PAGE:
John is in the solid organ transplant (did you know that kidneys and livers are considered "solid", but hearts aren't? Neither did I.) unit at the hospital. He's been visited by representatives of many departments - social work, psychiatry, financial counselors, nutritionists (special nutritionists for liver transplant folks, not just a regular dietician), and anyone else you can think of - and had every imaginable test, had every body part peered into and prodded. He's had fluids taken out, and fluids put in. And we still don't have any definitive answers.
I guess that's not quite fair. The way it works is that all these folks record all of their impressions and those, along with the various test results, are discussed on Friday when The Transplant Committee meets. They will decide whether or not he should be officially listed for a transplant (he almost certainly will be.) Liver transplant candidates are given something called a MELD score (Model for End-stage Liver Disease) ranging from 6 (less ill) to 40 (gravely ill), obtained from a particular combination of lab results - his is a 29, middlin' tending towards bad. The MELD score is what determines how near the top of the transplant list a particular patient is, and to some degree, what sort of transplants may be considered.
But all that comes later. First he has to be officially listed - until that happens, there can be no discussion of possible outcomes. So he gets tested, and I get an education in the mysterious ways of Medicare and its "doughnut holes", Supplemental insurance plans A through F, Medicare Part D, high protein/high calorie diets (which has unfortunate implications for my own diet progress) and a host of other things I was perfectly happy not knowing about.
I've been holed up in a local Inn and Conference Center. Yesterday I asked them to find me a mini-refrig and a microwave, and today I went out and stocked up on microwaveable food, so now it's got all the comforts of home - more, even, since at home no one comes in and makes my bed. I loaded up on library books before I came out here, so I can entertain myself - and now I've caught up with the Kardashians and their trials and tribulations, too.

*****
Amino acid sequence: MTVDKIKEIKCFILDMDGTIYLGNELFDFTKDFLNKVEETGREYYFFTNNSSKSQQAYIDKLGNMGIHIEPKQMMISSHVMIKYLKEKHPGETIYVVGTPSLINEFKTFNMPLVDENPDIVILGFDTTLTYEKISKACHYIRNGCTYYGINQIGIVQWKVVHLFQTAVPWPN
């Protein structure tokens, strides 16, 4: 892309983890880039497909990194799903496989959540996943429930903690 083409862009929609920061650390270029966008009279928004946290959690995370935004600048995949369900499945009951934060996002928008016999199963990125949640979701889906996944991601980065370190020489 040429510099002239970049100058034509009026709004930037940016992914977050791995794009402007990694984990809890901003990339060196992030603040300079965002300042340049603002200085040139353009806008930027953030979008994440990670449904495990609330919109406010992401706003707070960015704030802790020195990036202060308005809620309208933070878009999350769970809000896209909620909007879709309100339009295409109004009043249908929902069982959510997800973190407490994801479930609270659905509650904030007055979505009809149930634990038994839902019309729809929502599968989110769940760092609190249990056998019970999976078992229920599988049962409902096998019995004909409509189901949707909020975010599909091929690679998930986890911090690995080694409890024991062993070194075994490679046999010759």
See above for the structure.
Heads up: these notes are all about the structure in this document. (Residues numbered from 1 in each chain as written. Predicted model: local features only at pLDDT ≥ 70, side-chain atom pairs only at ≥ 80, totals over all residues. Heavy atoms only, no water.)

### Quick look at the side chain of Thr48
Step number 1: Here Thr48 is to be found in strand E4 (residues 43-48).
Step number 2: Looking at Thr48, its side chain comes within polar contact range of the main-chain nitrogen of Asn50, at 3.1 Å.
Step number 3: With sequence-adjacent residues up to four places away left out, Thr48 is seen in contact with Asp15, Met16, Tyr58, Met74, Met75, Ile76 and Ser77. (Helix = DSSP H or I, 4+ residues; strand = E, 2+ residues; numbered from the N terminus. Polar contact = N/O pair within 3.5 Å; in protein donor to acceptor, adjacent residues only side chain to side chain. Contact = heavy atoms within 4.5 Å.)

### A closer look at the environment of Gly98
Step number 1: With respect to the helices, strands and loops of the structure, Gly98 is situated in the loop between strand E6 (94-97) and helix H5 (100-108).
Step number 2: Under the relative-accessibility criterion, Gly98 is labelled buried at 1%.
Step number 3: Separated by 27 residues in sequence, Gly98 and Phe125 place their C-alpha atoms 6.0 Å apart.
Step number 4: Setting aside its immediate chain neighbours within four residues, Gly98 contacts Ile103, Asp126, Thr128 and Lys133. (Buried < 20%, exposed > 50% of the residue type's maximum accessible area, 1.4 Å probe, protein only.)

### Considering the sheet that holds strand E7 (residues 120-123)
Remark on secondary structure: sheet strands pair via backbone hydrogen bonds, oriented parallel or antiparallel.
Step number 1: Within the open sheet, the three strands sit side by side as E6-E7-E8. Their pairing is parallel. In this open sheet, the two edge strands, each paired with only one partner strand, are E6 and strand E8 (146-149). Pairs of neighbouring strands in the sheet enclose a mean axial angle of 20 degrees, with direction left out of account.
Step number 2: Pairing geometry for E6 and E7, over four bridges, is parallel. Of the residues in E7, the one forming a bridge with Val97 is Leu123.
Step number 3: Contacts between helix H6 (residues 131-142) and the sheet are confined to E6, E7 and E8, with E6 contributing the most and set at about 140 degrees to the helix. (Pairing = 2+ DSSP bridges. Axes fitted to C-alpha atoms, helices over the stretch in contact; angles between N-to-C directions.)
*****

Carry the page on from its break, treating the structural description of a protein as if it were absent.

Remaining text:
I keep wanting to make lists and plans and all that sort of thing - organize both my life and my future as best I can - but I've found that after sitting in the hospital for eight hours a day, plus or minus, I'm pretty much brain dead. (We won't talk about taking a full-size pick-up truck with an 8' bed through the circular parking garage - I'm seriously considering an epitaph that goes something like: she was flawed, yes, but my God that woman could park!)
Thank you so much for all your kind words, suggestions and support. I am continually surprised at what a loving, supportive community this is, and am eternally grateful.
Sunday, September 05, 2010
First of all, thank you, thank you! for all your kind words and support. I'm amazed at the strength I can draw from knowing you guys are out there - I really had no idea of the power of community.
As it turned out, they didn't send him home the other day. They kept him over night one more night, and he was transferred to the transplant center - by ambulance, and I met them there with my own vehicle - early Friday evening. Since it's the weekend, they're not doing much besides getting him stable and in the best condition they can, and doing some preliminary testing. The main screening, typing, and evaluating will be done Monday or Tuesday when the regular staff is in.
After a brief kerfluffle over room availability - it's college weekend - I'm staying in a nice hotel/motel/inn/conference center about six miles away, getting the hospital visitor rate ($40/day) with all kinds of discounts and a shuttle service. Being the good Scotsman that I am (I crossed out "skinflint"), I brought a loaf of bread, a jar of peanut butter, some Swiss cheese, a container of mayo and a bunch of tomatoes and apples from home, so I don't need to buy food. Hey, why spend when you don't have to?
That's pretty much all I know at the moment. I got 12 - *twelve*! - hours sleep last night - that's more than I've had in the last week combined, so I feel a lot better. Now it's time to go back to the hospital. All I really do is sit in the chair (I also brought a bag of library books) and make sympathetic noises, but I think it does both of us good. And I have a 22 year old daughter at home holding down the fort, so no worries there. We'll see what happens next.